Barge-ing in on Bangkok: The River Ride Experience

Chao Phraya station. All photos by @yourcitypromdi
Well.... okay. I didn't actually go on my Chao Phraya river ride in Bangkok via barge. I went via boat, but "barge-ing" sounded better to me. Anyway, before I can digress any farther, here goes:

My travel buddy April and I only had a limited time to see the sights of Bangkok so we just prioritized the Wat Pho and the Grand Palace, which were walking distance from each other. Now, to get to those two, we had to take the BTS Silom Line to Sathon Taksin station (or Station No. 6). From there, we went down to the Sathorn Pier, which is right beneath the train station.

From the pier, we took a one-way TB40 ticket for the Chao Phraya tourist boat to Tha Chang (Pier No. 13). We didn't know it at the time, but there's a special line for this boat and we get to have someone explain to us what we were seeing on the riverside.

And wow. There was a lot to see from the boat. Looking back now, I should have expected it--this was the river from whose banks Bangkok grew from. This was where the life of a lot of Thais centered a few hundred years back. It's like Manila's Pasig River, I kept on thinking the whole ride.

There were hotels and amazing examples of modern architecture set off against the day's clear blue skies.

We also had quite a few commercial establishments and malls on the riverbanks, just waiting for tourists who regularly drop by to cool off or to rest a bit on their way to seeing more of Bangkok's sights.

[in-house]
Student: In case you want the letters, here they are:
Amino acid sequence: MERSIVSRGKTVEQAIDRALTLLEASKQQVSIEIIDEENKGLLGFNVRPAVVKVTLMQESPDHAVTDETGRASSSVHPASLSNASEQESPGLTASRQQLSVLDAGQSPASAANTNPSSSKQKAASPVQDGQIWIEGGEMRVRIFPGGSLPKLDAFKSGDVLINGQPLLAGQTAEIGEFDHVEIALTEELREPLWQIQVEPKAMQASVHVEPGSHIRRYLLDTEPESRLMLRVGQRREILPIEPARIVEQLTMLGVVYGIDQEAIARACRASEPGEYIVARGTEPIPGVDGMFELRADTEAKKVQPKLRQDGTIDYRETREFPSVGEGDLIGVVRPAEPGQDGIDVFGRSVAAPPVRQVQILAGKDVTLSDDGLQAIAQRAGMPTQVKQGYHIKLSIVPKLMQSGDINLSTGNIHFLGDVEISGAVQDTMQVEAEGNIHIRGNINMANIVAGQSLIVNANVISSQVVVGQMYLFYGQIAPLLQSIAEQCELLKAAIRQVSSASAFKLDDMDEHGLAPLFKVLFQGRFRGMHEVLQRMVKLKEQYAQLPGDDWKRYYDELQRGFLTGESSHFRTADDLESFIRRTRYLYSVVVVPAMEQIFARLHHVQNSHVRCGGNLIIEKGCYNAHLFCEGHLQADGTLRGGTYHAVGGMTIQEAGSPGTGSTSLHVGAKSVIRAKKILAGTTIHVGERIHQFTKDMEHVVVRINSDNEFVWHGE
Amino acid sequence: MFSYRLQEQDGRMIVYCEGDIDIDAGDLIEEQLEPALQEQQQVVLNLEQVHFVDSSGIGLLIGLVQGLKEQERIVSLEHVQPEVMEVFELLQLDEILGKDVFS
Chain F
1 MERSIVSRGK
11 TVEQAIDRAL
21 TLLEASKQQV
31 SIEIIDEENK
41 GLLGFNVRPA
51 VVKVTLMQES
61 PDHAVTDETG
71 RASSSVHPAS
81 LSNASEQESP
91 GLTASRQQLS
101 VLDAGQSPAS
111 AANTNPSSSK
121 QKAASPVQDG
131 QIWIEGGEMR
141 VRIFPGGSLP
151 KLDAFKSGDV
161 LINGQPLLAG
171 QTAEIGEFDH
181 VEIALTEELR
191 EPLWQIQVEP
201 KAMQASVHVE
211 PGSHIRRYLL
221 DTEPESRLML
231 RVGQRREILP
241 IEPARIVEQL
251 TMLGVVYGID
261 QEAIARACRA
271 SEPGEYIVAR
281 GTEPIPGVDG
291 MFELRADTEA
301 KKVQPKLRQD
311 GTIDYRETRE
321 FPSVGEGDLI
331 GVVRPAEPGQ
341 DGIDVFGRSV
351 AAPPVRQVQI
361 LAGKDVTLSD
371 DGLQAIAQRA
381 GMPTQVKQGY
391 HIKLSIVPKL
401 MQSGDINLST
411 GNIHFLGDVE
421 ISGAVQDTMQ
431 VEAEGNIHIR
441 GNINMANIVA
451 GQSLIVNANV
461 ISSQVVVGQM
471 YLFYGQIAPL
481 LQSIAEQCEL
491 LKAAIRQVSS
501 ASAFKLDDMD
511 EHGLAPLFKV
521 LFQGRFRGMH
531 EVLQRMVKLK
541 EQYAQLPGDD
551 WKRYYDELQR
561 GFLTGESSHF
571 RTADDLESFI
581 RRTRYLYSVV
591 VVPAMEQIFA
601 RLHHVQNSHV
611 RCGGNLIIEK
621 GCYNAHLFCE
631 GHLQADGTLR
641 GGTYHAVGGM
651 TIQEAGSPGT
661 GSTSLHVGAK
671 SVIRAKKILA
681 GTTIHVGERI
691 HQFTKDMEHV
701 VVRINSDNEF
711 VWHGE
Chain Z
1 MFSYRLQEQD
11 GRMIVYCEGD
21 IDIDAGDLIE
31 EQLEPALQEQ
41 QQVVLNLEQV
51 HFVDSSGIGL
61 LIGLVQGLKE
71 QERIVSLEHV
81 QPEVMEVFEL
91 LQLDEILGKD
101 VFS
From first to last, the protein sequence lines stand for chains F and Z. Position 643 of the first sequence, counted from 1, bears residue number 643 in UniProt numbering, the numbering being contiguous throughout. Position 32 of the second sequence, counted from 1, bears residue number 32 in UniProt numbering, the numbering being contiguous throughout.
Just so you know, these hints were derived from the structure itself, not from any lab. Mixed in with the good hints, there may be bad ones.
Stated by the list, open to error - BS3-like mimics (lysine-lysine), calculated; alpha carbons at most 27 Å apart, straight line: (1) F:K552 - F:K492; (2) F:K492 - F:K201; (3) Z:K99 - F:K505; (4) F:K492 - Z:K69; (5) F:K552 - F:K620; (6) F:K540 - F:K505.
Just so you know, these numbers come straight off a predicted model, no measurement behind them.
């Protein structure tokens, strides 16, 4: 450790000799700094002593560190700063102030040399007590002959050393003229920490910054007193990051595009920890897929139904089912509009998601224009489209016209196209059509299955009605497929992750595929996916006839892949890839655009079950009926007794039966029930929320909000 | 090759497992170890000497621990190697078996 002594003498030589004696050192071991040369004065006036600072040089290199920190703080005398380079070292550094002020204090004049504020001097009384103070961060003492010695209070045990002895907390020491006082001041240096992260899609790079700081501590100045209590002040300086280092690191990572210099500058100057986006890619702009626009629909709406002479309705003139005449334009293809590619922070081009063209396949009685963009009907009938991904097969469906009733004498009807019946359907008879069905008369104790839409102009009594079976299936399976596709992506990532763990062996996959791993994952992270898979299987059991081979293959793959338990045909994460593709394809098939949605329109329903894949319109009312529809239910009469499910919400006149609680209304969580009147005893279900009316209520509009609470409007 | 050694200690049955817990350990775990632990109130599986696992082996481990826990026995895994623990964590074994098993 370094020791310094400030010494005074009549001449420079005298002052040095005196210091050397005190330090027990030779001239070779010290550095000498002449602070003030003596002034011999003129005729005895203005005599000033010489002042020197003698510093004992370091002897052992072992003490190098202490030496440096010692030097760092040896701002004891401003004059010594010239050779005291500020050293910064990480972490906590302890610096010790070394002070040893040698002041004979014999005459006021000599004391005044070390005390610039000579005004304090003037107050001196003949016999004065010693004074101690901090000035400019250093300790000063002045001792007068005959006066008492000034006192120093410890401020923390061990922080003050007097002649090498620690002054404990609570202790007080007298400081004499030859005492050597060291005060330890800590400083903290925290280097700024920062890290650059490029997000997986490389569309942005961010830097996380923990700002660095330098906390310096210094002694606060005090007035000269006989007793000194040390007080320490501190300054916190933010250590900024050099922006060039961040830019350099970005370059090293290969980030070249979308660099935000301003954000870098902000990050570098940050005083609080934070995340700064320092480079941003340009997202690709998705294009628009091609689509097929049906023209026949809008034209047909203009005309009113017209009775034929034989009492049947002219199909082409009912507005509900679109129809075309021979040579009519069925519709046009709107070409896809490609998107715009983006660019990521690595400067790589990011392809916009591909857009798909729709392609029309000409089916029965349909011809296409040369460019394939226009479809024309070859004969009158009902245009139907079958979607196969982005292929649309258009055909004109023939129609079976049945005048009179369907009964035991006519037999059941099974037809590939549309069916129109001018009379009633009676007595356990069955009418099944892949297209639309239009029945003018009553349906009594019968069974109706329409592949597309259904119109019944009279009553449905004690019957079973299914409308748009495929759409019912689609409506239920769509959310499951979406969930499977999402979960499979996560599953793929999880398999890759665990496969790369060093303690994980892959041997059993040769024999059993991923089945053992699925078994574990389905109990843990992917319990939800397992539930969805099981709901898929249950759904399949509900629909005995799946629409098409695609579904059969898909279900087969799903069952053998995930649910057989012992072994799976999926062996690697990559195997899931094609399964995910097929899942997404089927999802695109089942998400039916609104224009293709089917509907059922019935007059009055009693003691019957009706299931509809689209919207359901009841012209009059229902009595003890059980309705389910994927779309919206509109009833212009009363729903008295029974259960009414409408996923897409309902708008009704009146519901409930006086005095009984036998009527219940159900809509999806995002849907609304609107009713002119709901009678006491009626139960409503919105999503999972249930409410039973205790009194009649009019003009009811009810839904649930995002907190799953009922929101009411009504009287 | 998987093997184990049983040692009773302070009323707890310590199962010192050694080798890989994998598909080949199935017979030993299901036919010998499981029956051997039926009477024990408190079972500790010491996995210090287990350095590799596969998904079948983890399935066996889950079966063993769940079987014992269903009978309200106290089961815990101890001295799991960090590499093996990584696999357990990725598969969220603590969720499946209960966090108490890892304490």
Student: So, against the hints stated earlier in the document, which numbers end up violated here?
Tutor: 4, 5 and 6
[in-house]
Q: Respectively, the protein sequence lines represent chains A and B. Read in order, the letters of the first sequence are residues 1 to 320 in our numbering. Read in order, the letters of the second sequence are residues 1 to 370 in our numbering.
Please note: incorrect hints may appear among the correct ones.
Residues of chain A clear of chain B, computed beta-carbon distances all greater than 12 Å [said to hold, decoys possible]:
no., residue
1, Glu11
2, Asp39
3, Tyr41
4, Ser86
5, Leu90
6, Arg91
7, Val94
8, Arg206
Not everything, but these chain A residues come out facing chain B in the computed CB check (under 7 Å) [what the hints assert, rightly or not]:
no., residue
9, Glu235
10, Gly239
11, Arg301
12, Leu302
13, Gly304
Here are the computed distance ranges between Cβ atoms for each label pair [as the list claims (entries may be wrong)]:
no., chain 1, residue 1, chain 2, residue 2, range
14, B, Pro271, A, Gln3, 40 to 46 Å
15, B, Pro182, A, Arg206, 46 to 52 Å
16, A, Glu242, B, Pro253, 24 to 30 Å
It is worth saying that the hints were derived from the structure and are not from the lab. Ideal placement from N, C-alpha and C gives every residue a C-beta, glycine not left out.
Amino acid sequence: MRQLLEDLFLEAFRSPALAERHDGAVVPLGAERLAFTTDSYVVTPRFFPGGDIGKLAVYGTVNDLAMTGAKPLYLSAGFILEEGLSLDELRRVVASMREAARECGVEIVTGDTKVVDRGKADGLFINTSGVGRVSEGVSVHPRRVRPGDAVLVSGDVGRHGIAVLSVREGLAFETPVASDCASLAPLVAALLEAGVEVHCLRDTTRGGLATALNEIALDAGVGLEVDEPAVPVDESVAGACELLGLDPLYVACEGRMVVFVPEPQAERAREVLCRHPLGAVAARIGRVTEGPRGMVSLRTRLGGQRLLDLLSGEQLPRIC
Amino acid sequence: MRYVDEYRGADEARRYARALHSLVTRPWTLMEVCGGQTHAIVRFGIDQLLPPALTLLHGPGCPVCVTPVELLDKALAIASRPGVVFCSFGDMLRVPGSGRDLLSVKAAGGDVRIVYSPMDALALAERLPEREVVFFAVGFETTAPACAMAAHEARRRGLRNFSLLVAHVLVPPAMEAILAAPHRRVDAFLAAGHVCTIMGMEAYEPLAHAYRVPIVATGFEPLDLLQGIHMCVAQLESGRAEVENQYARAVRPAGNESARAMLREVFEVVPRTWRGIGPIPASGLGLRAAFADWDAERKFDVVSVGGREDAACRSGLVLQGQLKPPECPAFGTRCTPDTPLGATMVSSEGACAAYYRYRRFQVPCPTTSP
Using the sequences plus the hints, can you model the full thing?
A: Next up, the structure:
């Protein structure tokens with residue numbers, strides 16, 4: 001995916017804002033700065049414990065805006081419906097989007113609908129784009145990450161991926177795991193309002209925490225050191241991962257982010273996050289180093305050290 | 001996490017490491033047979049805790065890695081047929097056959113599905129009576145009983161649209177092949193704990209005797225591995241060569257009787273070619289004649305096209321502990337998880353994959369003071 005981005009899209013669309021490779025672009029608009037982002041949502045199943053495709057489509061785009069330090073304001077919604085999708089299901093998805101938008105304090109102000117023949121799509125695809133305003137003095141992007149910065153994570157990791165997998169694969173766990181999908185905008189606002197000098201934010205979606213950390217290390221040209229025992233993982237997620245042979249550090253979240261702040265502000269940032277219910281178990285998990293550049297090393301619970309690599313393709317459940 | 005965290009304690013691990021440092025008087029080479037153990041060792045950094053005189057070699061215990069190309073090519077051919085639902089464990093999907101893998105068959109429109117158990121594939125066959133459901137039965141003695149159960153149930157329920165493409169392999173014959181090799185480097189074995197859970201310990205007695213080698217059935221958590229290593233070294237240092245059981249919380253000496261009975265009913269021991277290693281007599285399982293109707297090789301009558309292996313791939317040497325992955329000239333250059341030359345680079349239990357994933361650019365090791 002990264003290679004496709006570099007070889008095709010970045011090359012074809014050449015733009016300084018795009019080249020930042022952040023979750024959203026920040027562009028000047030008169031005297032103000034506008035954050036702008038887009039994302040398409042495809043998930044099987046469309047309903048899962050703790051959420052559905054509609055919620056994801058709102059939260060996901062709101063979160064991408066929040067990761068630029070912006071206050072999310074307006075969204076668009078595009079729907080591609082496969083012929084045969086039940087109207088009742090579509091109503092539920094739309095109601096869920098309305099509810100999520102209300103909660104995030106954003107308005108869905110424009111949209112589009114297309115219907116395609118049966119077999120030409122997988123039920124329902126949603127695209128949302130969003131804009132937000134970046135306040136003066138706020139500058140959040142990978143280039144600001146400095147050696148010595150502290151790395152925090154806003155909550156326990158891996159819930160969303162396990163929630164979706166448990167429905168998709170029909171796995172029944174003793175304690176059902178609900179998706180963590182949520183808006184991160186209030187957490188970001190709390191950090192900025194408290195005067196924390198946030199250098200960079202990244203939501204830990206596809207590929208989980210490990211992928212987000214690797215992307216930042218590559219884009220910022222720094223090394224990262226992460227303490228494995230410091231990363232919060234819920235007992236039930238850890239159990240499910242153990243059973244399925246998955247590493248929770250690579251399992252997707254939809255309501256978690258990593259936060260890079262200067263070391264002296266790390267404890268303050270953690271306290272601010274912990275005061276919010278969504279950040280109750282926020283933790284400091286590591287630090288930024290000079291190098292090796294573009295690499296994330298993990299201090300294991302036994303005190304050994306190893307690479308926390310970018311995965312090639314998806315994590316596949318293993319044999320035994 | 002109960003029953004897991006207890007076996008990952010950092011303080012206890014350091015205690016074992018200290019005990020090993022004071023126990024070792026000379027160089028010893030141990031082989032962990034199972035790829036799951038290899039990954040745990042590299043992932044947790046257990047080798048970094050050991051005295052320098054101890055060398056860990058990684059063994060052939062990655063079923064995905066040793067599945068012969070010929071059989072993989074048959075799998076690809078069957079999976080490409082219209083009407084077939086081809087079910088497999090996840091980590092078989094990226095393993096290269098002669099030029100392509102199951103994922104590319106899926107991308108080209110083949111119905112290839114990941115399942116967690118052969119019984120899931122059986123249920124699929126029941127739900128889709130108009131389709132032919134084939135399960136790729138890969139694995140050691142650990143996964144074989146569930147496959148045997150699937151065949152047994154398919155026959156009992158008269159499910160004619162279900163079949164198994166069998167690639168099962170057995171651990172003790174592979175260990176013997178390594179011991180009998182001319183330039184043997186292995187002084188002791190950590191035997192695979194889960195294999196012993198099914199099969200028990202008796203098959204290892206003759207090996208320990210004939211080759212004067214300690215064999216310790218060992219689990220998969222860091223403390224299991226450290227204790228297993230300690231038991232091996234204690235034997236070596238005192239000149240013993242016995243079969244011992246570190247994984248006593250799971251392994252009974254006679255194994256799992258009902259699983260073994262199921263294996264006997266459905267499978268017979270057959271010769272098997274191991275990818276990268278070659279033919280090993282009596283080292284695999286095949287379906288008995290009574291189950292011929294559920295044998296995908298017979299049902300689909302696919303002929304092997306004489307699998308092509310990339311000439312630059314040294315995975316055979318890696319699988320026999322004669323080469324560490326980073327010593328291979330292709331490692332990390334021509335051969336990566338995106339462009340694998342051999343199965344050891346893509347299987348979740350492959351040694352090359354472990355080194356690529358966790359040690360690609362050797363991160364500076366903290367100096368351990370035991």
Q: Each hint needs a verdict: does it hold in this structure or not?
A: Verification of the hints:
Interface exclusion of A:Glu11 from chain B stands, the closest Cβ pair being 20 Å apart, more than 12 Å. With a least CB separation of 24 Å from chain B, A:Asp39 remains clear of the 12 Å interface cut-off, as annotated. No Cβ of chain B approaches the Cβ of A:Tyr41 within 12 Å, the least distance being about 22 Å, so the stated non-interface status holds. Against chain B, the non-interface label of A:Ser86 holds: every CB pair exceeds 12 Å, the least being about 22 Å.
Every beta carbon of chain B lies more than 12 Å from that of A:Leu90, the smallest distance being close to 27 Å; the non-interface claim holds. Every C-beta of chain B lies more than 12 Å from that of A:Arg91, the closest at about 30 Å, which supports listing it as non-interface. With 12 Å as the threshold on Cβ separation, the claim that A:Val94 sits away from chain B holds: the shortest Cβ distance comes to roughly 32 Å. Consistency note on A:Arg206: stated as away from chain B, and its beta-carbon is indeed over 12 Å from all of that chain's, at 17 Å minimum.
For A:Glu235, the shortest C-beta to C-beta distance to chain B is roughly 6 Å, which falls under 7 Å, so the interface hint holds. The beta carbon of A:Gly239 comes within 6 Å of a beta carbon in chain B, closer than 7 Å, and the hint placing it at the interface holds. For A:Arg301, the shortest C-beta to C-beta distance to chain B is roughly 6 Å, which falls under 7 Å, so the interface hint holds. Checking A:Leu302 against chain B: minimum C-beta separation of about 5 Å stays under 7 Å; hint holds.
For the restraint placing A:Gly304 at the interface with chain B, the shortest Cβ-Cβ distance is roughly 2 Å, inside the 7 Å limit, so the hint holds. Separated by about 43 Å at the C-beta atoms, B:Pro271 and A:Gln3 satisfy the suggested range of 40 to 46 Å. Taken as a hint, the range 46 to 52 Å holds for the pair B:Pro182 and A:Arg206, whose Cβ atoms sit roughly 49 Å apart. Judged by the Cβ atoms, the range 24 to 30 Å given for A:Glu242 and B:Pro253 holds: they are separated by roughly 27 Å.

I was particularly charmed by this Catholic church in the middle of Buddhist Bangkok. The church is situated in an old Portuguese center, which explains how it got to be built there in the first place. Personally, it was nice to see something so familiar even in the center of such an "other" culture. Plus it's so nice to see how cultures actually meld and accommodate each other so that they both survive and thrive side-by-side by each other.

Speaking of other cultures, the whole river ride experience was also punctuated with vibrant colors courtesy of the many traditional beauties dotting the banks. Each are a window to the many temples and palaces that dot the whole of Bangkok, each a reminder of how rich Thailand's cultural heritage is.

Next up on this Bangkok series: a peek at what the Grand Palace and Wat Pho looks like.

Other articles in the Bangkok series:
Bejeweled Bangkok


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